8. Jean Dubois

    dncarac Guest

    I found Mark Lutz's book Learning Python had two or three chapters on object oriented programming from starting principles to more involved Python object programming. It helped me immensely.
    dncarac, Aug 5, 2012
  9. On 05/08/2012 20:46, lipska the kat wrote:

    Please no, that's the worst possible book for someone trying to learn
    OOD in Python. It's mostly if not completely irrelevant, jumping
    through hoops that you don't need in Python because of its dynamic
    nature. Start with the factory pattern and I hope you'll understand why
    I say this. Search for "design patterns alex martelli" and you'll get
    all you need and more.
    Mark Lawrence, Aug 5, 2012
  10. Then maybe you are asking the wrong question...

    Don't look for Object-Oriented Programming -- since the first widely
    popular OOP language was C++ (Smalltalk was earlier, but rather
    specialized, whereas C++ started as a preprocessor for C).

    Rather look for Object-Oriented Analysis and Design (OOAD). An OOAD
    textbook /should/ be language neutral and, these days, likely using the
    constructs/notation of UML [which derived from a merger of two or three
    separate proposals for OOAD tools]

    An OOAD text should cover, besides Classes, Use Cases, state
    diagrams, and lots of other things...

    The short view of a Class is that it is a means of encapsulating the
    methods (functions/operations) of an object along with the attributes
    (data) of a specific instance of the class.

    A Radio Class would define methods to change the volume, power
    state, tuning, and band. These methods are common to all radios. But an
    instance of a radio doesn't share its volume level with all other
    instances of the Radio class.

    OOP is more a style/philosophy of programming by using "objects".
    Ada 95 is an OOP language but didn't have the
    "object.method(parameters)" syntax (one had to use "method(object,
    parameters", but the language could determine which of similar named
    methods was meant based upon the type of "object" and the types of the
    Dennis Lee Bieber, Aug 5, 2012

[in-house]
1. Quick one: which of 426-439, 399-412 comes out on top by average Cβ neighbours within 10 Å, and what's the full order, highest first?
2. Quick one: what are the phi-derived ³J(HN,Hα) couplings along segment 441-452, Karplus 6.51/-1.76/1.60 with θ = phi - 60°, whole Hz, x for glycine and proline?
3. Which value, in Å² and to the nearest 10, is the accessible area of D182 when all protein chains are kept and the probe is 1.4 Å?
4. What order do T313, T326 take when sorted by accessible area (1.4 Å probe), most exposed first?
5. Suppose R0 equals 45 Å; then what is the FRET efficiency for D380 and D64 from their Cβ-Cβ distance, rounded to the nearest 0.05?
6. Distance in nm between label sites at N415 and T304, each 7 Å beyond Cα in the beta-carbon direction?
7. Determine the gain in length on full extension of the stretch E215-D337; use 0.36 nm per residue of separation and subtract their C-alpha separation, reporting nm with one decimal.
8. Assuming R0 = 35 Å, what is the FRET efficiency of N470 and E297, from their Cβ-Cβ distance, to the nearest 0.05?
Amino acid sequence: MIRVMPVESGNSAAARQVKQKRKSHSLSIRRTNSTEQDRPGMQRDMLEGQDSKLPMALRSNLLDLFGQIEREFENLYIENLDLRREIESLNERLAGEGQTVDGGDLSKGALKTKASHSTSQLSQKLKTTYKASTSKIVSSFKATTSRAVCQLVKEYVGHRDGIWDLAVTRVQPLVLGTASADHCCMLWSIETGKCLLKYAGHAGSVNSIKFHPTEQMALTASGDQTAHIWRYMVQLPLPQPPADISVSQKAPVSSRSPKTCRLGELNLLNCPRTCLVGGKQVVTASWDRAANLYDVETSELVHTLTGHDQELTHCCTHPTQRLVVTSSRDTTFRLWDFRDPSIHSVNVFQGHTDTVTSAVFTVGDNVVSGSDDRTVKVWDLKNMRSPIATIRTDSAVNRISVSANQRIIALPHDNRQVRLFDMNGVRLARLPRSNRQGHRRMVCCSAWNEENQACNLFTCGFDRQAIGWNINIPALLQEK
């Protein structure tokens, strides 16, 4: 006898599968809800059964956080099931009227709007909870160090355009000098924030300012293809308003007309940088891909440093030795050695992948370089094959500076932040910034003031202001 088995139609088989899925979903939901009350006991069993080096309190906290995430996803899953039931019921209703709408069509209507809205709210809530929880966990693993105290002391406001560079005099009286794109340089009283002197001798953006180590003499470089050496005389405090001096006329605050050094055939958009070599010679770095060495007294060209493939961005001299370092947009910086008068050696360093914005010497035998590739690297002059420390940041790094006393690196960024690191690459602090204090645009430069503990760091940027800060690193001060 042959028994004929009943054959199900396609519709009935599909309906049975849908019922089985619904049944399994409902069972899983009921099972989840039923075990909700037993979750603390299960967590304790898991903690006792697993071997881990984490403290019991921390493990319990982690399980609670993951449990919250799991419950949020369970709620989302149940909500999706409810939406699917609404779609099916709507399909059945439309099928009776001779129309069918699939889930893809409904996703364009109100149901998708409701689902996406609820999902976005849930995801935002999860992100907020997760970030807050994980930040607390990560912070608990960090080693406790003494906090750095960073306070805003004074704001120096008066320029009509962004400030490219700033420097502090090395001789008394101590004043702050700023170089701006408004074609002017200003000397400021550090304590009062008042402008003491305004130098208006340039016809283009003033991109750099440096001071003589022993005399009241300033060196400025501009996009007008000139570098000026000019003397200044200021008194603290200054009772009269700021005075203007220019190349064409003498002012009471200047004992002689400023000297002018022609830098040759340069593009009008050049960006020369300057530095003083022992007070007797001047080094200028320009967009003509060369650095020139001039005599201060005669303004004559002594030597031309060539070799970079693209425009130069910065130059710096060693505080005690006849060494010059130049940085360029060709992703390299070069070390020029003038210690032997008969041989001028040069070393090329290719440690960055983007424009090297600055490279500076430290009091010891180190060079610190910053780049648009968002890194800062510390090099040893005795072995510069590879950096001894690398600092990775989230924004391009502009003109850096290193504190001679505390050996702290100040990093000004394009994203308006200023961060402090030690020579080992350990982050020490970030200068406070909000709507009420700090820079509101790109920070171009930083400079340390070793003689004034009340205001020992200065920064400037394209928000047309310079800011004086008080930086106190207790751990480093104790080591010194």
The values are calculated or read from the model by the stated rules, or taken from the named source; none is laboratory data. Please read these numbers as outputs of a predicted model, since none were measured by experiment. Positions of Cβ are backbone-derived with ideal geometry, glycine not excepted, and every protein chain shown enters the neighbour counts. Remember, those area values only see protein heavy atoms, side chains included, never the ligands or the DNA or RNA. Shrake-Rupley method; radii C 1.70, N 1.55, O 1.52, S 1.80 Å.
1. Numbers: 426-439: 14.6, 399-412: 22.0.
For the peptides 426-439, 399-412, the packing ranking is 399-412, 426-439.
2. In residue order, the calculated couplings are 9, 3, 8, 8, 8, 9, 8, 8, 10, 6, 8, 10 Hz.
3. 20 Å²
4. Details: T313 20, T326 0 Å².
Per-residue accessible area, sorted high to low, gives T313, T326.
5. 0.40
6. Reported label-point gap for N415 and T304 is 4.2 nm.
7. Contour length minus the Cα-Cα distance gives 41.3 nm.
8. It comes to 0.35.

11. Good lord. I'd rather read C++ than UML. And I can't read C++.
    Steven D'Aprano, Aug 5, 2012
  12. Jean Dubois

    Roy Smith Guest

    +1 what Mark said. It's certainly the classic patterns book, but most
    of it is about clever ways to work around the C++/Java style of type
    bondage. Trying to learn OO from that book is like learning to paint by
    reading a textbook on the chemical properties of oil pigments.
    Roy Smith, Aug 5, 2012
  13. Jean Dubois

    Roy Smith Guest

    UML is under-rated. I certainly don't have any love of the 47 different
    flavors of diagram, but the basic idea of having a common graphical
    language for describing how objects and classes interact is pretty
    useful. Just don't ask me to remember which kind of arrowhead I'm
    supposed to use in which situation.
    Roy Smith, Aug 6, 2012
  14. Ask nicely and I'll lend you my copy of Martin Fowler's UML Distilled
    which covers "version 1.2 OMG UML standard". What's it up to now,
    version 17.38?
    Mark Lawrence, Aug 6, 2012
  15. That depends on how you define OOP, and in particular, which aspects of
    OOP your language supports.

    There are lots of differences between styles and implementations of OOP
    languages, and no two languages have exactly the same feature set, but in
    general most OOP languages involve most of the following features:

    - Dynamic dispatch when making method calls
    - Encapsulation, or multi-methods
    - Subtype polymorphism
    - Object inheritance, or delegation

    See here for more detail:


    But beyond those fundamentals, the details of OOP can differ greatly from
    language to language. Some languages treat classes as static, some as
    dynamic. Some languages treat classes as objects themselves, others treat
    them as non-objects. Syntax varies (although the dot operator has become
    almost completely ubiquitous, there are still some exceptions).

    In particularly, terminology varies -- I personally despise with the heat
    of a thousand suns the terms "instance variable" and "class variable" for
    attributes or members. Since a "string variable" is a variable holding a
    string, and a "float variable" is a variable holding a float, an instance
    variable should be a variable holding an instance, and a class variable
    should be a variable holding a class.

    Is this some sort of mystical "humans aren't objects, they're SPECIAL!!!"
    rubbish? Because it sure sounds like it.

    Can you give some non-religious reasons why you should not implement
    human beings or aliases as objects?